While nearly every aspect of this weekend’s disappearance of a Malaysian jetliner is surprising, one element is not. At least two of its 239 passengers had been traveling with stolen passports — and those documents had been lost in Thailand, home to what’s become one of the most robust stolen passport trades in the world.
- Italian Luigi Maraldi, left, whose stolen passport was used by a passenger boarding a missing Malaysian airliner, shows his passport as he reports himself to Thai police at Phuket police station in Phuket province, southern Thailand Sunday, March 9, 2014. Maraldi spoke at a police news conference where he showed his current passport, which replaced the stolen one, and expressed surprise that anyone could use his old one. (AP Photo/Krissada Muanhawang)
Both Luigi Maraldi, a short-haired Italian, and a 30-year-old Austrian named Christian Kozel had been traveling through a southern province in Thailand called Phuket when their passports were lost — or stolen.
In 2012, Kozel’s went missing in Phuket, which juts out of Thailand’s main coast like a snaggletooth. And on July 22 of last year, someone took Maraldi’s after the Italian submitted his passport as collateral on a rented motorbike, by far the most used means of transportation in Southeast Asia.
INTERPOL confirmed in a statement Sunday night that at least two passports – Austrian and Italian – recorded in its Stolen and Lost Travel Documents (SLTD) database were used by passengers on board missing Malaysia Airlines flight MH 370. An INTERPOL statement said that:
“No checks of the stolen Austrian and Italian passports were made by any country between the time they were entered into INTERPOL’s database and the departure of flight MH 370. At this time, INTERPOL is therefore unable to determine on how many other occasions these passports were used to board flights or cross borders,” the statement said.
It’s unclear why or how Maraldi and Kozel’s passports wound up on the vanished Malaysian jetliner, or if the passengers who possessed them were terrorists or somehow involved the plane’s disappearance. Thai police, who say they’re investigating a “passport ring,” interviewed Maraldi on Sunday. He couldn’t fill in any more details. “I really don’t have much to add,” Maraldi told the South China Morning Post. “I am not an expat who lives on Phuket. I have come and gone as a tourist.”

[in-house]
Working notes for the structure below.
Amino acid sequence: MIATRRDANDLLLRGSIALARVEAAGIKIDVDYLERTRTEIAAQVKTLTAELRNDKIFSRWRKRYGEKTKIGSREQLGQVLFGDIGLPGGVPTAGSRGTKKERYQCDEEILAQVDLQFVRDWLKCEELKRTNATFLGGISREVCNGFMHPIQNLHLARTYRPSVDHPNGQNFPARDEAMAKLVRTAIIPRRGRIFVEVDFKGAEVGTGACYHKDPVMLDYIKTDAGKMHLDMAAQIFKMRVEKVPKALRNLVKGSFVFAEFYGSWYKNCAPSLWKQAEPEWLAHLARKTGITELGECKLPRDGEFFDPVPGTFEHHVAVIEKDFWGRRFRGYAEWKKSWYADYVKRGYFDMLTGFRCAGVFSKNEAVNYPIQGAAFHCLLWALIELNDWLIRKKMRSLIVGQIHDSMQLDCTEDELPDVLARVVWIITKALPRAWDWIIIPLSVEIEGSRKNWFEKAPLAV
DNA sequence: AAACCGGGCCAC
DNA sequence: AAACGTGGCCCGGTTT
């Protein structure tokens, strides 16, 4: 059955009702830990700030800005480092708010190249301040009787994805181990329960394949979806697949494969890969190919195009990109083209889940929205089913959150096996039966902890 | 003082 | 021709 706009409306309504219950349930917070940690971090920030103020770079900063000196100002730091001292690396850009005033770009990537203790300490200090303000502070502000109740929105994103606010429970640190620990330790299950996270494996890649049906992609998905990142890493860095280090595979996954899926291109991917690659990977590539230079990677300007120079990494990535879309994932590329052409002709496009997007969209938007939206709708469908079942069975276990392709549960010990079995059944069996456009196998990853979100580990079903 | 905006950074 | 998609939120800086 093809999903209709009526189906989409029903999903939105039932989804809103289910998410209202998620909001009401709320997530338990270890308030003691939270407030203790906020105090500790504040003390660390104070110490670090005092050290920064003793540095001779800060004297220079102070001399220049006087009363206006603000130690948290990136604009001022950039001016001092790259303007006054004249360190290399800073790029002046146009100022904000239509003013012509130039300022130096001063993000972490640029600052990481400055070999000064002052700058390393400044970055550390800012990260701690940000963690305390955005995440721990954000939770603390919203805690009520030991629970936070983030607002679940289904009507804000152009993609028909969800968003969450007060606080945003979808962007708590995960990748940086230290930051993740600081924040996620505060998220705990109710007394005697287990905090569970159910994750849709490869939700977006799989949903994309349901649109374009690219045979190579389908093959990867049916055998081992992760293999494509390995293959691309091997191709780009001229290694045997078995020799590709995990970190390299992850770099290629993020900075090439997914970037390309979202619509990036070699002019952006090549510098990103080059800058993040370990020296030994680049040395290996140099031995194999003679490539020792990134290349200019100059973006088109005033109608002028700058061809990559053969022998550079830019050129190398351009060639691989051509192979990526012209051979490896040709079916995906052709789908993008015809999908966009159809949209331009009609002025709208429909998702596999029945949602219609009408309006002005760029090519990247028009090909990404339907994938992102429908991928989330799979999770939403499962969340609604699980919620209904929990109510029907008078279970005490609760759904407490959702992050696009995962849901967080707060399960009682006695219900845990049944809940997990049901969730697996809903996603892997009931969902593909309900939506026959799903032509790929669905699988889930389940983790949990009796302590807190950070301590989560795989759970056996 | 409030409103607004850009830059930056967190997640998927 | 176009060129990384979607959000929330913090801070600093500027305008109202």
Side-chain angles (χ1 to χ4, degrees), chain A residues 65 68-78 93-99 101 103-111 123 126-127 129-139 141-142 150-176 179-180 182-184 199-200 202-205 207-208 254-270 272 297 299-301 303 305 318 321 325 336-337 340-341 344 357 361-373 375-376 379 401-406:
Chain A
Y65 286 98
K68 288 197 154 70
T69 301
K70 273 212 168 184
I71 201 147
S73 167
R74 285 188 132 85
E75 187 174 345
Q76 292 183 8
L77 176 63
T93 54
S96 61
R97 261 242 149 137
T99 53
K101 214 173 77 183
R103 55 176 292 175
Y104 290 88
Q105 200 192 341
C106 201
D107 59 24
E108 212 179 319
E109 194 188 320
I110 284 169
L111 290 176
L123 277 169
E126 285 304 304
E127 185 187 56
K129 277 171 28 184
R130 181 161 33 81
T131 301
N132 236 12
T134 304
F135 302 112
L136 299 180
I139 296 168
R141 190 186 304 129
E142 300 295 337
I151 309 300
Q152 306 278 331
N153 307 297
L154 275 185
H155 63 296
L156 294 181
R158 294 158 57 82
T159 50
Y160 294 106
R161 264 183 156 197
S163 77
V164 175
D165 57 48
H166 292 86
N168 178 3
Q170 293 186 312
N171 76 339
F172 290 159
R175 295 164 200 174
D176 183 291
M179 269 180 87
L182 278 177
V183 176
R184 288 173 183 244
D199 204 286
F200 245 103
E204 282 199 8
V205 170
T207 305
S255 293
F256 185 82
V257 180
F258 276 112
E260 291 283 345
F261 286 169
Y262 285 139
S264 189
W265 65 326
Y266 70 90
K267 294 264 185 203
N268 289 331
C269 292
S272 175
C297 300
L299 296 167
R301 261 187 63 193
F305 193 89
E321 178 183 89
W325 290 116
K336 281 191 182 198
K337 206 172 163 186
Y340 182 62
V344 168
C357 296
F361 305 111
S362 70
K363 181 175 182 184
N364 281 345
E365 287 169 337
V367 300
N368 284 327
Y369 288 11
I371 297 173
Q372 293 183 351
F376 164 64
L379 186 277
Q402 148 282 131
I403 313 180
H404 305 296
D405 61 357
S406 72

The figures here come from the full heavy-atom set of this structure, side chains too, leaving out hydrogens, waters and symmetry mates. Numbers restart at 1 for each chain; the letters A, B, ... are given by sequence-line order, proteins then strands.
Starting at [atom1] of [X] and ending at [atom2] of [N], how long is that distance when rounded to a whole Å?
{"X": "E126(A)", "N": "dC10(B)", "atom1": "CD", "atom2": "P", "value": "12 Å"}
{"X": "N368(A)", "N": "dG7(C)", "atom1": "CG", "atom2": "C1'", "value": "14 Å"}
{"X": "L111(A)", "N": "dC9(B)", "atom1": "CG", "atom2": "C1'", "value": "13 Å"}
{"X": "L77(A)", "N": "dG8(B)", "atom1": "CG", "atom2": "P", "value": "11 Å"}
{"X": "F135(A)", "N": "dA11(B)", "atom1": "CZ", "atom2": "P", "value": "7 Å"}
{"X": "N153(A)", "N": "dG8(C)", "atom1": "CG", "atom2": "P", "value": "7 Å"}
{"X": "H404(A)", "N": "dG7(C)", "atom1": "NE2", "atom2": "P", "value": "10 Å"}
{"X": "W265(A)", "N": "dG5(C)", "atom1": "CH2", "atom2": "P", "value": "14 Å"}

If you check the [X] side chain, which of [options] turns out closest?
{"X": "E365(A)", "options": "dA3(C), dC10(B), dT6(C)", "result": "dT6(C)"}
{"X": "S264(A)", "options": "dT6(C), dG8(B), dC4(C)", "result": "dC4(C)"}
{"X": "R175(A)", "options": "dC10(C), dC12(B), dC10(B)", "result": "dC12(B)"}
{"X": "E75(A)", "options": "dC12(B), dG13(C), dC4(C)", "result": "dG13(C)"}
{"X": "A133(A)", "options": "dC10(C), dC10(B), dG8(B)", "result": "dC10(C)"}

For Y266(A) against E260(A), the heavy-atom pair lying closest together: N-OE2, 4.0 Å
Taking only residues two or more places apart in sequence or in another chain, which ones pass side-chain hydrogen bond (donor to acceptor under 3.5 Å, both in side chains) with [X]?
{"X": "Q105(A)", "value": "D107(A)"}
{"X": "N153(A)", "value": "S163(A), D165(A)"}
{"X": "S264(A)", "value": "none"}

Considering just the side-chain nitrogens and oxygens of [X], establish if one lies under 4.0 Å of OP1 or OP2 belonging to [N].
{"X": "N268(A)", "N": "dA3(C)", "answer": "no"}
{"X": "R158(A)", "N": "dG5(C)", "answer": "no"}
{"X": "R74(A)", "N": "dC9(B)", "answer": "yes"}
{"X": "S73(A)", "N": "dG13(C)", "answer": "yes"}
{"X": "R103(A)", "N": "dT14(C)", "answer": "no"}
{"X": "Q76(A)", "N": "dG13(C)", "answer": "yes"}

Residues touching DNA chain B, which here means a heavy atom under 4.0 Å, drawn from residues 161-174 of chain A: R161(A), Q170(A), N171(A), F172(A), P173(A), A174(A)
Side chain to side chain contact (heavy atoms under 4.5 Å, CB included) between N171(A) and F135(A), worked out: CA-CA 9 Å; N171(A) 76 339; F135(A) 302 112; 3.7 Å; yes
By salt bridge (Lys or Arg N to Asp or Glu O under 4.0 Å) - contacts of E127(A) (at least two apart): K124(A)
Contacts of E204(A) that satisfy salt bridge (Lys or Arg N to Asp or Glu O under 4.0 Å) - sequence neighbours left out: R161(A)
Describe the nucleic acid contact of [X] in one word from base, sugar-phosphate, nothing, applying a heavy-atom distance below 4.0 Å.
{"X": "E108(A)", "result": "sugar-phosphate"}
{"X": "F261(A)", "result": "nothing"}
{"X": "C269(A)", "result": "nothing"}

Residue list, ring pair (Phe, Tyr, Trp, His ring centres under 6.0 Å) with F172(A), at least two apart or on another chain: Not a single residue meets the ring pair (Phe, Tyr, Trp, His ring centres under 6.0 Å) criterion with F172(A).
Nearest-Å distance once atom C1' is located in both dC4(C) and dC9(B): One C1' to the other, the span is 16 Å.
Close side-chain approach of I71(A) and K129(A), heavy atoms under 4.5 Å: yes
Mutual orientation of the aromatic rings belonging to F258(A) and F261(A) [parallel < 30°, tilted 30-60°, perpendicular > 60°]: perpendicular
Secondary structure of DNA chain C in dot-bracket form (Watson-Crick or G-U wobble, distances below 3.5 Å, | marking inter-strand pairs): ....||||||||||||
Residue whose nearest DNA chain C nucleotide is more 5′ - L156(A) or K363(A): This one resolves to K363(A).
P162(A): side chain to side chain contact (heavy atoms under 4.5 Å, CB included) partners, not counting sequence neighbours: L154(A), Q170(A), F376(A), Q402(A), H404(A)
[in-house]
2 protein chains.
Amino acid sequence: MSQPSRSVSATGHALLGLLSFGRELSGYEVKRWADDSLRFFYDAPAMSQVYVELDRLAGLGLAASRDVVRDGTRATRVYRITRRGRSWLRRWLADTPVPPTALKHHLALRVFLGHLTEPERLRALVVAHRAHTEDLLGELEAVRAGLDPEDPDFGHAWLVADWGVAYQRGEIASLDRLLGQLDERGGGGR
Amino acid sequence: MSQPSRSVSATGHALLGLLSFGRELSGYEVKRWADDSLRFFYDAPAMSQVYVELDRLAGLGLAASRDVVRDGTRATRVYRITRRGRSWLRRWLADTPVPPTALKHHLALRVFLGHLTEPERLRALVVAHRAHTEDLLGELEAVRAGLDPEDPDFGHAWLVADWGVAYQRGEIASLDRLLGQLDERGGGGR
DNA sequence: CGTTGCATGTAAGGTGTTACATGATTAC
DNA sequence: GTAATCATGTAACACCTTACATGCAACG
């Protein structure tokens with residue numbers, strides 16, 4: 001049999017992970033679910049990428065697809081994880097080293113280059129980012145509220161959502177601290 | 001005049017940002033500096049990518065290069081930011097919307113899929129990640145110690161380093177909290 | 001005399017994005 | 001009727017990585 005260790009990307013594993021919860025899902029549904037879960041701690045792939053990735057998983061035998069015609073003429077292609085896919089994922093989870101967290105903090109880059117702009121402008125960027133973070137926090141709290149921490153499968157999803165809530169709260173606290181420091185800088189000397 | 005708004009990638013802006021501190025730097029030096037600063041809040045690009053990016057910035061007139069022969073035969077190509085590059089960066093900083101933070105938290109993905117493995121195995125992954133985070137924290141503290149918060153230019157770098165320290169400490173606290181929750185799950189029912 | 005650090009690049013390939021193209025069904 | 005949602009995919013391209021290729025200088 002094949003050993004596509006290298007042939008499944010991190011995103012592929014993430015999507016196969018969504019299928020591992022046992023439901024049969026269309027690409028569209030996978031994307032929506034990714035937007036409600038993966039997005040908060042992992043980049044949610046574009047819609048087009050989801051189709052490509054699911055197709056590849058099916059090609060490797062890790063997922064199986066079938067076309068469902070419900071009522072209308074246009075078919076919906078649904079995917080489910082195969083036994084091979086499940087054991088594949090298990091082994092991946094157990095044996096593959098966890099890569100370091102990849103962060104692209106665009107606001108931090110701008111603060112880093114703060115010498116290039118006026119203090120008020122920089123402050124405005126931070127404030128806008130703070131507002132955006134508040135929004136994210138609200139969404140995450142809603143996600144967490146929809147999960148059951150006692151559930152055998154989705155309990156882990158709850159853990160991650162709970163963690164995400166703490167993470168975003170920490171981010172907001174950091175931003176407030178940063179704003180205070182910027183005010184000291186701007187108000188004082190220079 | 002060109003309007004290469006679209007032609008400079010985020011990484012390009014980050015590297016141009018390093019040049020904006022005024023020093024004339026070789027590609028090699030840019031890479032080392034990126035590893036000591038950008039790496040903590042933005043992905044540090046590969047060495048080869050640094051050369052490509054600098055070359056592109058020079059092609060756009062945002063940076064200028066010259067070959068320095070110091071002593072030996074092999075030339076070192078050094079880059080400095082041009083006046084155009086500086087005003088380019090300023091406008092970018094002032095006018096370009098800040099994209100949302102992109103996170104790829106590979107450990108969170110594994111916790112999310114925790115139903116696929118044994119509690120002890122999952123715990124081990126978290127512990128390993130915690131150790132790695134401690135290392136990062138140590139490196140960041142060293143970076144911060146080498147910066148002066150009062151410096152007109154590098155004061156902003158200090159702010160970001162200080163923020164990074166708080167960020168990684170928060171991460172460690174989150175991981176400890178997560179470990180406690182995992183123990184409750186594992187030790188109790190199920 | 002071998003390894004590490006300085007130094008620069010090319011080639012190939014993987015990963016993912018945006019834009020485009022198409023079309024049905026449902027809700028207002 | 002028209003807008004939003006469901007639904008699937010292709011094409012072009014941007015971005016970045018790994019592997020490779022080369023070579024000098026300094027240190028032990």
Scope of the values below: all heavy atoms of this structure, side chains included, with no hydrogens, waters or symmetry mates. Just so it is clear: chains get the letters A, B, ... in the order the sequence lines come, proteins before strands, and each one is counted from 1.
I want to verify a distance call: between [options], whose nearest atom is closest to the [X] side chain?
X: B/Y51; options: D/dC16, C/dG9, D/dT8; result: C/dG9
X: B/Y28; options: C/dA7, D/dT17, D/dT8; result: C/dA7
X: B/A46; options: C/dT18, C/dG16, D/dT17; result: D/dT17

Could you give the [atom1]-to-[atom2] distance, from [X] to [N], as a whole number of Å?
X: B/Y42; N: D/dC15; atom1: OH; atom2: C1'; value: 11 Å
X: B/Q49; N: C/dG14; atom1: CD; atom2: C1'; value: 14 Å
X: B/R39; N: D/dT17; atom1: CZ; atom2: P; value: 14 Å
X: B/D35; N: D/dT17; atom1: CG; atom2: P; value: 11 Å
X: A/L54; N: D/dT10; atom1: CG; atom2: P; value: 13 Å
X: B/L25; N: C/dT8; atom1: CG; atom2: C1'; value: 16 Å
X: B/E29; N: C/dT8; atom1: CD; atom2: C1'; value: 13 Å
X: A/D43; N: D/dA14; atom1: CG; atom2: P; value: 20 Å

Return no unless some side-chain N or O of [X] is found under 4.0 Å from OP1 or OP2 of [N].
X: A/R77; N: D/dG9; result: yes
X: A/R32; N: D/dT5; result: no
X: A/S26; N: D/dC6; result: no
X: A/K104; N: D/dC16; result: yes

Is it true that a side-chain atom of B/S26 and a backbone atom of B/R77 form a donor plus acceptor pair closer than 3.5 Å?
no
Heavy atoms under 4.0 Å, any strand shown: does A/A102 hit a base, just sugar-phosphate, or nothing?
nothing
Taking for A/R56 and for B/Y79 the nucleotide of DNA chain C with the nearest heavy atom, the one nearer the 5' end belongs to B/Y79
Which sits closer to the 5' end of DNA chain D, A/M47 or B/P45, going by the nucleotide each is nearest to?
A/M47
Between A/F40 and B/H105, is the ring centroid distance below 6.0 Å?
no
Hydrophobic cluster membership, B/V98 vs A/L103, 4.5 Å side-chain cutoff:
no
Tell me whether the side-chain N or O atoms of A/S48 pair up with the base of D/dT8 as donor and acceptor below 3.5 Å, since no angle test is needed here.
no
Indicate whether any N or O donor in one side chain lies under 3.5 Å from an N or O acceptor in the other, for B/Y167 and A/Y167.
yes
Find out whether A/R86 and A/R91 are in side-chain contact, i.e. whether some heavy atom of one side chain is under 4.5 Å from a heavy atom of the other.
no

Which is exactly what made him so susceptible. The theft of his passport reflects broader trends. Many motorbike rental shops will only allow a tourist to take a bike if he or she deposits their passport as collateral. Most passports make their way back to their owner, but some do not. When Maraldi asked for his back at a bike shop hugging Phuket’s western coast, the owner told him she’d forked it over to an Italian who’d “said Mr. Maraldi was his husband.”
Message boards from Lonely Planet to Thai Visa are clogged with accounts of stolen passports or ruminations on whether to leave their own at a bike shop. New Zealand, which sends thousands of tourists to Southeast Asia every year, warns its travelers to never leave their passports with a motorcycle rent shop — because no one knows where they could wind up.
Six Syrians, who were caught carrying fake Greek passports, have been held in Phuket International Airport for weeks, the region’s English-language newspaper Phuketwan reports.
“The counterfeiting of all sorts of identifications is very widespread particularly out of Thailand,” Steve Vickers, a Hong Kong-based risk consultant, tells the Wall Street Journal. “So it’s pretty easy to pick up a stolen or a counterfeit passport.”
According to Australian Consul Larry Cunningham, the theft of passports in Thailand — and especially in Phuket — is a “regular occurrence.” ”Some passports were certainly lost, falling out of pockets or being genuinely misplaced,” former Australian consul Larry Cunningham told the South China Morning Post. “But there were also substantial incidents of passports being stolen.” He told the newspaper that thieves sometimes break into rooms and lift passports for sale on the black market, where they disappear.
And, perhaps, wind up on a plane that disappeared somewhere off Vietnam’s southern coast.